The U.S. and the U.K. once again dominated the world's top-ranked universities, with American institutions comprising over half of the top 20.
The QS World University Rankings for 2013 also sees the U.K. take six of the top 20 spots, with Cambridge University, University College London (UCL), Imperial College London and Oxford University all making the top 10.
The two highest-ranked institutions were American, with the Massachusetts Institute of Technology (MIT) holding on to the No.1 spot, while Harvard overtook Cambridge to come in at No. 2.
QS bases its world league table on a number of indicators that comprise a certain percentage of a university's final standing. Some 40 percent of the score is down to academic reputation, based on a global survey, while ten percent is based on a survey of employer reputation. Other areas the universities are scored on include faculty/student ratio (20 percent); citations per faculty (20 percent); proportion of international students (5 percent); and proportion of international faculty (5 percent).
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Why UK & US dominate
The international aspect of the QS ratings formula is key to understanding why American and British universities dominate the rankings, compared to their European and Asian rivals.
"Oxford and Cambridge aren't in the top ten of the rankings because English people are more clever than people from say, France and Germany. It's because they get the best people from all over the world because of their reputation," the editor of QS TopUniversities.com, Danny Byrne, told CNBC.
He added that universities wanted to attract foreign students "to internationalize the system; they are trying to become the MITs, Cambridges and Oxfords, which are international centres of excellence."
Commenting on the dominance of American and British universities, QS head of research, Ben Sowter, said Britain had the "prestige factor."
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"Clearly the prestige of a U.K. degree is recognized by employers around the world, and the brand-name value of Oxbridge has so far survived any negative publicity following the tuition fee hikes and student protests," Sowter added.
In the U.S., Byrne stated that when it came to the "citations per faculty" indicator, the country was miles ahead of the opposition, mainly because this indicator heavily favors scientific and technological research and "the top private institutions in the U.S. just operate on a different plane financially."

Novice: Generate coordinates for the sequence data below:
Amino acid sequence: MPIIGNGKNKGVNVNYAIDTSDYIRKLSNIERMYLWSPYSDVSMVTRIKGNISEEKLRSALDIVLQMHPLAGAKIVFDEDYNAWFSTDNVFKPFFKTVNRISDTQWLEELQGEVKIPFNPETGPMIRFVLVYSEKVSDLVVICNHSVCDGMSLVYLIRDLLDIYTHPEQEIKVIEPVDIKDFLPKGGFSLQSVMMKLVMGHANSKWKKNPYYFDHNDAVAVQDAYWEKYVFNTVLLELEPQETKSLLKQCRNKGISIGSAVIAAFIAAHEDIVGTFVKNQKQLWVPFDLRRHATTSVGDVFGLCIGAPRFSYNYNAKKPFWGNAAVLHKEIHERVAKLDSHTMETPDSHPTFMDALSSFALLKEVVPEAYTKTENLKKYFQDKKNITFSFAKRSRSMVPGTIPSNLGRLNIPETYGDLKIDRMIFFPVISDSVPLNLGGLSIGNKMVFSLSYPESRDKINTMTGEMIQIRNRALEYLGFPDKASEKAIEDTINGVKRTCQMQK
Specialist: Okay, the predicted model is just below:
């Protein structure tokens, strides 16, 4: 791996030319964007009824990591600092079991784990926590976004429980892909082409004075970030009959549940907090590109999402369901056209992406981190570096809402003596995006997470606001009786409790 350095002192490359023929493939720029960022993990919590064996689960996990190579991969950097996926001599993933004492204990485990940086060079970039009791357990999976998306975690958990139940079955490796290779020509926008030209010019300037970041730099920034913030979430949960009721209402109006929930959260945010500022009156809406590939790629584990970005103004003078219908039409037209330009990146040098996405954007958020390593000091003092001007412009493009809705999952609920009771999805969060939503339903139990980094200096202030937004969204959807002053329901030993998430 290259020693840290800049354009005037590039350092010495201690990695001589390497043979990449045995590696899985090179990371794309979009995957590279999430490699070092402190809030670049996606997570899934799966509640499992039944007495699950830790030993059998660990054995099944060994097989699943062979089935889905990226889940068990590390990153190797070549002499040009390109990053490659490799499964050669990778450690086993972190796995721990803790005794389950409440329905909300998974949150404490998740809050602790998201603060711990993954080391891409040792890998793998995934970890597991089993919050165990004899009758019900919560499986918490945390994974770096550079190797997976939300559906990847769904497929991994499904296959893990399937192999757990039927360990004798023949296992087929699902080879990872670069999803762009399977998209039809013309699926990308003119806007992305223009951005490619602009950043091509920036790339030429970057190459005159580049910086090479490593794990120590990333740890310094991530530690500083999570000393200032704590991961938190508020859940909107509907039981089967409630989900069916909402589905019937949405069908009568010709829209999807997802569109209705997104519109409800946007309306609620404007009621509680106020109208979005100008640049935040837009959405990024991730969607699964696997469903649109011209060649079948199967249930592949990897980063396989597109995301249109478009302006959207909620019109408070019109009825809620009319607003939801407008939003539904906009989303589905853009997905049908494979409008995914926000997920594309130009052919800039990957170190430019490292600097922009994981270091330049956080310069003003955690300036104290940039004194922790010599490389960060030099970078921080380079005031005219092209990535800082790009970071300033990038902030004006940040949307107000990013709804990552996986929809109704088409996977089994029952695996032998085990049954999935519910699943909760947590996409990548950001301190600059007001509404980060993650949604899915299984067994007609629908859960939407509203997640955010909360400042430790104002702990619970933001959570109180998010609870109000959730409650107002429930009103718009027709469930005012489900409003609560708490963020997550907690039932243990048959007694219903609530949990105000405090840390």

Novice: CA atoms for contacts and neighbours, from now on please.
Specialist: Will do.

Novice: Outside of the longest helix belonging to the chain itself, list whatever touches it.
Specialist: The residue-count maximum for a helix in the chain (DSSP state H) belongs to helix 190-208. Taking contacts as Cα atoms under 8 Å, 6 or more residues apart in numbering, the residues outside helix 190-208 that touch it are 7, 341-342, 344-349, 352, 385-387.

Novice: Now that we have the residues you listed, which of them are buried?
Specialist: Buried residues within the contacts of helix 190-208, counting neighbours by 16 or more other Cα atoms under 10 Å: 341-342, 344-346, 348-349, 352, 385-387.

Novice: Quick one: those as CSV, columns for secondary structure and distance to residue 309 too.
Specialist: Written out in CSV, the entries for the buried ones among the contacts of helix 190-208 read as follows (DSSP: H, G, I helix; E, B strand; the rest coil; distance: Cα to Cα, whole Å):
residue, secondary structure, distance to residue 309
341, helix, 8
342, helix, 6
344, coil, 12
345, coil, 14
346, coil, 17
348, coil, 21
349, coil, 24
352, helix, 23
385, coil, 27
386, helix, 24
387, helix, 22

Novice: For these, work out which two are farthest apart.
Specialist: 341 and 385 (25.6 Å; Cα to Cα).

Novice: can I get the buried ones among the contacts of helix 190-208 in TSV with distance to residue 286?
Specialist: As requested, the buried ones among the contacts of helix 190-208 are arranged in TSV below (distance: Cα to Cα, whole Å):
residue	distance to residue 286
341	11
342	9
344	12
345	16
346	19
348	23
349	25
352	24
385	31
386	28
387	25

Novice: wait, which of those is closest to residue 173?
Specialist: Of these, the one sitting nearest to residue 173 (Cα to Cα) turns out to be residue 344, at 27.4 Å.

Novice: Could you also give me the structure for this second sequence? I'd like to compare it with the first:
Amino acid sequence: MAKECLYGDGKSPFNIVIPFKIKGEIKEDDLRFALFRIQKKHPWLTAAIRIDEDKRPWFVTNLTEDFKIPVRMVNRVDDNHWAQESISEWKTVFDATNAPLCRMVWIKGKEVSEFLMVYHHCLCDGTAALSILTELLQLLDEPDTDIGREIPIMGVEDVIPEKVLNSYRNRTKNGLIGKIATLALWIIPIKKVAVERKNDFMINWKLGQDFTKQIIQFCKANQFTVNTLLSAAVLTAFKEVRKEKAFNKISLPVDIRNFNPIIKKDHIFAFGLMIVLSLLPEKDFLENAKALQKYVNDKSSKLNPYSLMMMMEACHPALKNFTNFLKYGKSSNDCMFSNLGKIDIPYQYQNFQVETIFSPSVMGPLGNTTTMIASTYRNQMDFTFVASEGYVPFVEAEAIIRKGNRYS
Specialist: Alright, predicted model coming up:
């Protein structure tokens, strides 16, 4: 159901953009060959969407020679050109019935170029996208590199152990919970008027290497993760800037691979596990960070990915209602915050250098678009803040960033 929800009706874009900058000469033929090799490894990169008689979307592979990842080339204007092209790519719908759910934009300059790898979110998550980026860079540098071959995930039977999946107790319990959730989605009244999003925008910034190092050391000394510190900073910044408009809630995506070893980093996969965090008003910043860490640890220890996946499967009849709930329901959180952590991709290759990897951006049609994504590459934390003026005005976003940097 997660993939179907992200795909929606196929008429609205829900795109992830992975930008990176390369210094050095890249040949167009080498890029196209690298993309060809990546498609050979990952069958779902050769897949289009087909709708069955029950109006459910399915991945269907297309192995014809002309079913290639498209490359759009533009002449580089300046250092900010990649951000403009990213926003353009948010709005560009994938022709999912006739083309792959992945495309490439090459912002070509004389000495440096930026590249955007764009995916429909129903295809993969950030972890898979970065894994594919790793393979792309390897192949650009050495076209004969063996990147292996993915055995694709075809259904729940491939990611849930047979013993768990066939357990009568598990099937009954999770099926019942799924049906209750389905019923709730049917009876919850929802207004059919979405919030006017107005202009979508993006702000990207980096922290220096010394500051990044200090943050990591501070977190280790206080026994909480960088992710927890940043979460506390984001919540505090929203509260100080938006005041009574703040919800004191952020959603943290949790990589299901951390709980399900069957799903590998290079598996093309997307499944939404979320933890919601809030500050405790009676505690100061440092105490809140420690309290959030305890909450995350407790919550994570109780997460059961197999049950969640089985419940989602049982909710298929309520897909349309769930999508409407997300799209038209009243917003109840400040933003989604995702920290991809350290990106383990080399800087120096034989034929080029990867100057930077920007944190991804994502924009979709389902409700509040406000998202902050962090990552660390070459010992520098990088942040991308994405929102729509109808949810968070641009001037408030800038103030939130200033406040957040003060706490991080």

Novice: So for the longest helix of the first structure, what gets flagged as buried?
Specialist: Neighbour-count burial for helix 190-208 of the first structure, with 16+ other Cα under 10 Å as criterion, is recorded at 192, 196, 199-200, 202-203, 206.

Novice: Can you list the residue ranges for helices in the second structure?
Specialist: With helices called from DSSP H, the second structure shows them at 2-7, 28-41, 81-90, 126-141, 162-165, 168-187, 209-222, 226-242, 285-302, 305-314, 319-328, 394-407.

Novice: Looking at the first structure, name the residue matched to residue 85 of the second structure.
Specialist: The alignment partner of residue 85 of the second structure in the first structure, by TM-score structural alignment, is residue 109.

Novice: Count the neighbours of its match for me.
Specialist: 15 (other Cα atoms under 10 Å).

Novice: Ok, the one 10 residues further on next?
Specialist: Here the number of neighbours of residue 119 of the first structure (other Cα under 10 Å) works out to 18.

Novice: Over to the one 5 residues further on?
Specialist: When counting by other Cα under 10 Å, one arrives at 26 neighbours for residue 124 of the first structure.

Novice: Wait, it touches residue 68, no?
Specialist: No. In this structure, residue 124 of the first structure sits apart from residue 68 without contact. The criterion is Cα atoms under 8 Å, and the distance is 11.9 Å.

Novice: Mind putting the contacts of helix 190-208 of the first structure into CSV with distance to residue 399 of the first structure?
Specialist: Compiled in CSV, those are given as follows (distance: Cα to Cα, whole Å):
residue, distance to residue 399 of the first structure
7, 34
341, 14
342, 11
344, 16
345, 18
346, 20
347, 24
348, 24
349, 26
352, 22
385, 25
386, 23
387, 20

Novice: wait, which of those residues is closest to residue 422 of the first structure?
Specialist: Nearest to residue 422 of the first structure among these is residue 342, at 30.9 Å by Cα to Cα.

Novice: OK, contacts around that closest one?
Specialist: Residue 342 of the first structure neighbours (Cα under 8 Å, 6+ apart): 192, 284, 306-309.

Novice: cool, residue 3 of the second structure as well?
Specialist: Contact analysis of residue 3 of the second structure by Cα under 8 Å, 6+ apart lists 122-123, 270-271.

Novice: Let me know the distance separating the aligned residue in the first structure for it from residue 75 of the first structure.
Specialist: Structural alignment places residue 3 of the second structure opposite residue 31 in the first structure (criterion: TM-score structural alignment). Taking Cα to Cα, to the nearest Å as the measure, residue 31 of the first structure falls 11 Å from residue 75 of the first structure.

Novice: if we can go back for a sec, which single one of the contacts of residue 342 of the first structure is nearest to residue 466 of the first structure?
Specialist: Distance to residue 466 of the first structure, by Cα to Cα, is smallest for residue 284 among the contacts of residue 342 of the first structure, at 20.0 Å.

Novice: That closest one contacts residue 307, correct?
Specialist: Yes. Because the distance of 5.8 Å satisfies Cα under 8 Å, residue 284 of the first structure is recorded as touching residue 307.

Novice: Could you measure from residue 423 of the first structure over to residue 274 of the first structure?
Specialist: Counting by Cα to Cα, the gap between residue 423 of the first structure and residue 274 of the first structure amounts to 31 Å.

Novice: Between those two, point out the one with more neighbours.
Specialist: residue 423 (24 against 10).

However, while America's cutting-edge research surpasses the U.K.'s, the recession has hit public universities.
"Budget cuts have had an impact on research reputation, and hiring reductions have contributed to higher student-to-faculty ratios at some public institutions," Sowter noted.
Indeed, public funding remains a crucial factor for the U.K. if it wants to maintain, or increase, its presence in the global top 20.
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Wendy Piatt, the director general of the Russell Group - which represents 24 research universities in Britain, including six in QS' top 20 - said a lack of state funding could hit universities' competitiveness.
"Public expenditure on higher education in the U.K. remains far less than the United States, China and other Western European countries. If our universities are to compete in the future they need the Government to provide light-touch regulation and continued investment, and to be welcoming to genuine international students," she said in a statement.
In 2010, Britain faced a number of high-profile student protests when the government said it could no longer subsidise the nation's universities, and increased the annual tuition fees from £3,000 ($4,700) to £9,000 ($14,120). But while tuition fees have filled this gap, they have not helped increase funding.
Byrne said that while a record number (six) of U.K. institutions comprise the top 20, it masks the fact that since the financial crisis, there has been a general downward trend in the performance of other British universities.
The U.K. and the U.S. also face greater competition from Asian universities. Some 70 percent of the 62 Asian institutions in the top 400 this year ranked higher than they did in 2007, as governments in the East massively increase their investment.
In contrast, the 43 public U.S.universities in the top 400 in 2007 lost an average of 20 places each over the last five years, as government funding cuts hit home.
"What the U.K. needs in the future to remain internationally competitive is an increase in funding, and that is unlikely to come from students," Byrne said, and the same can be said of the U.S. as its public institutions struggle.
"In order to ensure universities are able to maintain their positions at the top indefinitely, there is going to need to be an injection of funding to keep up with the increased investment that is taking place elsewhere in the world."
-By CNBC's Kiran Moodley. Follow him on Twitter @kirancmoodley